The UK Gambling Commission just published a set of figures that show an alarming trend; enough to encourage stricter rules around it. They showed a 3% increase in the numbers between Q1 in 2021 and 2022. The figures come from a telephone survey by Yonder consulting. 4,018 adults were questioned about whether they gamble. 43.3% of those surveyed said that they’d taken part in some form of gambling in the past four weeks.
During the Covid-19 pandemic, many venues closed during the UK’s lockdowns. Now, physical locations are open. That explains why there has been an increase in the number of in-person participation in the first three months of 2022. The figure recorded was 26% and that’s compared to 23% in the preceding year.
Physical locations have been busier with major events such as the Cheltenham Festival and Grand National seeing punters flocking to their shops to place bets. However, it’s not all good news for land-based venues. The figures are still below the figures recorded before the pandemic.
Playing the National Lottery is popular too with 27.2% of respondents saying they played the weekly draws. There are many other lotteries in the UK and 13.3% said they gambled on the non-National Lottery games such as the People’s Postcode Lottery. 7.2% bought scratchcards with 3.4% going online to play slots. The percentage for bets was 5.2%, according to britishgambler.
Opponents have been quick to notice certain areas of the survey that worry them. The UK Addiction Treatment Group (UKAT) have commented on the results. They have shown concerns over the figure recorded for those in the 16-24 age group.
34.7% in that age group said that they had gambled in one way or another in the past four weeks. That’s more than one in three and UKAT aren’t at all happy about that. That figure is 5% year-on-year, and they believe that is a worrying trend.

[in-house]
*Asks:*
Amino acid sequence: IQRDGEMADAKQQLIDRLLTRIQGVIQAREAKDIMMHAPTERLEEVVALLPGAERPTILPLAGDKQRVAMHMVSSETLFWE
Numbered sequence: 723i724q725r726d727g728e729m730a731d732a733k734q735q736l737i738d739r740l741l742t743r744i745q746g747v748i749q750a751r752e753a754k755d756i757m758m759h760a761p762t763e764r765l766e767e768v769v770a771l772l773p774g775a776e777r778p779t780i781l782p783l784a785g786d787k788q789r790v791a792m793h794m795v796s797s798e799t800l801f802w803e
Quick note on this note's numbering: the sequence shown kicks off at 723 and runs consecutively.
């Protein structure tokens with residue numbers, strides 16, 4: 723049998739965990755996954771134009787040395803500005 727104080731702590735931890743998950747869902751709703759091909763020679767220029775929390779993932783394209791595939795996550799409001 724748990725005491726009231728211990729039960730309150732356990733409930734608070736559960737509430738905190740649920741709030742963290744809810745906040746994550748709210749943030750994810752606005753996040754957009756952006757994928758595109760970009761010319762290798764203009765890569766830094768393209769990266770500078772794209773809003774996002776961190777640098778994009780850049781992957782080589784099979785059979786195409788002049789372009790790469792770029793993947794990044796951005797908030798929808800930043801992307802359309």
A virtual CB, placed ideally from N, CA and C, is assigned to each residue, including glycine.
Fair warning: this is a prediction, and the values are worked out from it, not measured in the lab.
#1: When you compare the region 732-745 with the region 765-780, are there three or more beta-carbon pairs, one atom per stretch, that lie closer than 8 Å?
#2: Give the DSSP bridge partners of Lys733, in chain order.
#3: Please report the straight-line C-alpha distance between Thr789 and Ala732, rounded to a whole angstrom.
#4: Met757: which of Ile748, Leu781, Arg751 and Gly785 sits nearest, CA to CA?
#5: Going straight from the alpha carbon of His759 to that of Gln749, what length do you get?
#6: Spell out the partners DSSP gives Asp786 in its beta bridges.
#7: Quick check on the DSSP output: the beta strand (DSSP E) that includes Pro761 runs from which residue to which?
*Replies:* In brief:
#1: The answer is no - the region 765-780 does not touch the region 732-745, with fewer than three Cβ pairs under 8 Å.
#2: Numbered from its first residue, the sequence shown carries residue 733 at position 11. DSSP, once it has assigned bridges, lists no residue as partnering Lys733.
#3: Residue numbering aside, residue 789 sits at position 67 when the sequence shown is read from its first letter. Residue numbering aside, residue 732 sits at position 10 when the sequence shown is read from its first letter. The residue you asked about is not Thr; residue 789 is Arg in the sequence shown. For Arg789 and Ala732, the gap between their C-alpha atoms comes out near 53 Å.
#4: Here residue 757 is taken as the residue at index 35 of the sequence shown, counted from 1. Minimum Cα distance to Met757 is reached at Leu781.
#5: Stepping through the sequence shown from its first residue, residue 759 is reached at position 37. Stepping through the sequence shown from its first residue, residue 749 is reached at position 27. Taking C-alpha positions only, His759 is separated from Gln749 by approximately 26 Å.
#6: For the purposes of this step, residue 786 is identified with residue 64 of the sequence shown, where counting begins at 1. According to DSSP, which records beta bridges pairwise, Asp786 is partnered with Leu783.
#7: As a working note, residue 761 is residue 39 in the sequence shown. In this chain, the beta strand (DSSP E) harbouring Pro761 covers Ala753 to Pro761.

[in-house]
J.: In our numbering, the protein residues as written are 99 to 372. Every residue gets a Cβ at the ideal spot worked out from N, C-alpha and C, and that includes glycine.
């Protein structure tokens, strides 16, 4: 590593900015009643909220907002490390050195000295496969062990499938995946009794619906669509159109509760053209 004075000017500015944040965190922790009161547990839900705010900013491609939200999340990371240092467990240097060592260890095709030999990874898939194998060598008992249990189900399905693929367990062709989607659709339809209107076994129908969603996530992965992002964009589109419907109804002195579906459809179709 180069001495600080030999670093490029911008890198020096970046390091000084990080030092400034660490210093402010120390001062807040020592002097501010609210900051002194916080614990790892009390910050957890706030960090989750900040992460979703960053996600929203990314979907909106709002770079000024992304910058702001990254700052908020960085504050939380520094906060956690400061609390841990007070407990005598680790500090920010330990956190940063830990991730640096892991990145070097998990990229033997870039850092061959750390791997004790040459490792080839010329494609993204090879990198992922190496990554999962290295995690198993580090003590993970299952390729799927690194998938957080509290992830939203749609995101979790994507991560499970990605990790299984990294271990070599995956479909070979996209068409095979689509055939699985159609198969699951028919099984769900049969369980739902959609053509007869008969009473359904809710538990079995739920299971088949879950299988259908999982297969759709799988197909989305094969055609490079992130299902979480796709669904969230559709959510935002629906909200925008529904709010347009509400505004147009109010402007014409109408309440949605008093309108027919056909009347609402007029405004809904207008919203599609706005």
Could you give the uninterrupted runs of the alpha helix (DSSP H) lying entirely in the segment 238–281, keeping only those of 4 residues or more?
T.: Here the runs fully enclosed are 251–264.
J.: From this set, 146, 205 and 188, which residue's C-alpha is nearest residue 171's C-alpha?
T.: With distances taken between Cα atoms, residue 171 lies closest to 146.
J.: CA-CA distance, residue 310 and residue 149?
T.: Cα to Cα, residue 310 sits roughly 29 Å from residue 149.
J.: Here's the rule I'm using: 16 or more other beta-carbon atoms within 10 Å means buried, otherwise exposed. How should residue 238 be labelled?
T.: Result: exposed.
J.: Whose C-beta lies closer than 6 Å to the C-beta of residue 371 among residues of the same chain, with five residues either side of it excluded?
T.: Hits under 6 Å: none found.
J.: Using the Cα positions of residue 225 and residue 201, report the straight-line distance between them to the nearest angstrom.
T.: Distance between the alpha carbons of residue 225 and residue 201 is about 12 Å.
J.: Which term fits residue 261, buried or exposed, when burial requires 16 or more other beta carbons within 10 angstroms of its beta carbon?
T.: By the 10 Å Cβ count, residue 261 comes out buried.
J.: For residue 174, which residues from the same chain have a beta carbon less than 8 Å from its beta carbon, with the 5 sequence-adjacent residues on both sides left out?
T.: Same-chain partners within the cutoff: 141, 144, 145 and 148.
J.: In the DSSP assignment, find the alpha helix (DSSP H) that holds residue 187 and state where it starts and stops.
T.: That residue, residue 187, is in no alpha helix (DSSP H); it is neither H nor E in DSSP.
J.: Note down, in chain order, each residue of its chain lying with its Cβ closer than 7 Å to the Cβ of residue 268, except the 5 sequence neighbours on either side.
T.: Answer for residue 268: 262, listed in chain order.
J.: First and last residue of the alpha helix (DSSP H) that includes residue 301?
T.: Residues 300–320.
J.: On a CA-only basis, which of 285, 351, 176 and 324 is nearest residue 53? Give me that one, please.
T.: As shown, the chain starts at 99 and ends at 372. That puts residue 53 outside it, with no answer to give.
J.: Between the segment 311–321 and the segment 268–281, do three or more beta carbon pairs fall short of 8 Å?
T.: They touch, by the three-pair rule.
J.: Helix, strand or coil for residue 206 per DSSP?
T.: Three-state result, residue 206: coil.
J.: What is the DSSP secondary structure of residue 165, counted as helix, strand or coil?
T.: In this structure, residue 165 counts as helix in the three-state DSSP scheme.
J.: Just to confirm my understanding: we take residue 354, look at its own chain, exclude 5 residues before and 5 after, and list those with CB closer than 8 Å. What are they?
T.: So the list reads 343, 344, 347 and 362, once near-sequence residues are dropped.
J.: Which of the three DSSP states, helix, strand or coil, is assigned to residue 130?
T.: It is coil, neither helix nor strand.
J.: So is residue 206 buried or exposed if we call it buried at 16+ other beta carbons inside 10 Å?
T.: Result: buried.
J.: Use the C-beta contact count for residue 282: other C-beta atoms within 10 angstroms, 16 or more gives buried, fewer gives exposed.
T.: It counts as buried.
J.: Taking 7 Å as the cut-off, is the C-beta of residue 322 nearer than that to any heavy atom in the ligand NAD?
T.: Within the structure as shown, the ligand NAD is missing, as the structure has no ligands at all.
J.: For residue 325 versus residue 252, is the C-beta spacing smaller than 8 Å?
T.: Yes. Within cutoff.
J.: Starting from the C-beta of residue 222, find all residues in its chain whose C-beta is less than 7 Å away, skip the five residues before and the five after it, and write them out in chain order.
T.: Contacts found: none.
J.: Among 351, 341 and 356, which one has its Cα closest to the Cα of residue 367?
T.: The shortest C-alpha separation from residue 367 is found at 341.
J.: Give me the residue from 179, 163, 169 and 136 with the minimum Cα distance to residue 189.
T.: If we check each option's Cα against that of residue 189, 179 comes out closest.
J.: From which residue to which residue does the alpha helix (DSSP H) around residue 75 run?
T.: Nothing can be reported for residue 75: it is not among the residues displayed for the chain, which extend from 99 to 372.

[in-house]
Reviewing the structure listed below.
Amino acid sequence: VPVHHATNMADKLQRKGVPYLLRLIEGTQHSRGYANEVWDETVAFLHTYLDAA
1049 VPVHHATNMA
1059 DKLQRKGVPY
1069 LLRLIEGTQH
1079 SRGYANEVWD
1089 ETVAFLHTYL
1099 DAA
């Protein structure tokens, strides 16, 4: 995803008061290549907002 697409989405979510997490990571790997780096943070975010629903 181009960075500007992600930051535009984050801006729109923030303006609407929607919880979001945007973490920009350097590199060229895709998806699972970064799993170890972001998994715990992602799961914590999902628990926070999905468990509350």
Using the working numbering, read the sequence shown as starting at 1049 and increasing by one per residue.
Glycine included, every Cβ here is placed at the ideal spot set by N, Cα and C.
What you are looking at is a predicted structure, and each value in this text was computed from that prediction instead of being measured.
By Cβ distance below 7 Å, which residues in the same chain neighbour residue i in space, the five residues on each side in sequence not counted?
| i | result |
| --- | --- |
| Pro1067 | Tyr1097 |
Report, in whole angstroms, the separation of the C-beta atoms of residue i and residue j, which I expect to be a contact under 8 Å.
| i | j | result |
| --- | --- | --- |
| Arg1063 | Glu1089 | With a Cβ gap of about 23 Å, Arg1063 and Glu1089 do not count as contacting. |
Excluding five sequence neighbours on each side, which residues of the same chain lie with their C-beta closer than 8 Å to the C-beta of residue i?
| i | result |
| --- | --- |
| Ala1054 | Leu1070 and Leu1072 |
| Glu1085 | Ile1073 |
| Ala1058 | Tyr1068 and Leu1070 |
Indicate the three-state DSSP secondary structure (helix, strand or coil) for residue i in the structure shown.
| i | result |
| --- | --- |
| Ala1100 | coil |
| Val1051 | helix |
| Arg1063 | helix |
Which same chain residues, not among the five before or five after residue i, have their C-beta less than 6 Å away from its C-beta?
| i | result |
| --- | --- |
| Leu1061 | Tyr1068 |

At the other end of the age range, there was a big increase in the number of people aged between 55 and 64. In March 2020, the percentage was 48.7% but in March 2022, that had risen to 49.8%, almost one in two.
AKAT’s Nuno Albuquerque commented that the report shows not just an increase in the numbers gambling in the UK. It also showed the rate of moderate risk of becoming addicted to gambling increasing. He said: “Clearly, for a lot of people, gambling isn’t a harmless hobby. We see the damage gambling does to people’s lives.”
One area of concern for AKAT is online gambling. They consider this to be “dangerous” because it is “too easy and discreet to participate in.”
AKAT have given its support to those who believe the current laws in the UK urgently need reform. They have stressed the importance of stricter affordability checks and advertisements being banned.
UK companies are nervous about the future. If a ban was made on advertisements, that would put a dent in promotion. Like any business, they need to publicise what they do to attract new customers.
Also being considered is banning the sponsorship of sports events and teams. That’d be worrying news for those being sponsored. That would include many top football clubs in the UK who would then have to find new sources of sponsorship revenue. Perhaps that might not be too difficult for Premier League clubs but those lower down the football pyramid wouldn’t find it so easy.
Next month is when the UK government is due to release information on what they intend doing regarding stricter laws. The 2005 Gambling Act will be amended and it’s understandable why that will happen. The Act has been called “outdated and with the changes seen in the way people gamble due to the arrival of the internet, a new piece of legislation is needed.
“Change is coming” said the under-secretary of state for technology and the digital economy last month. Chris Philp added that he felt the need for reform is “long overdue.”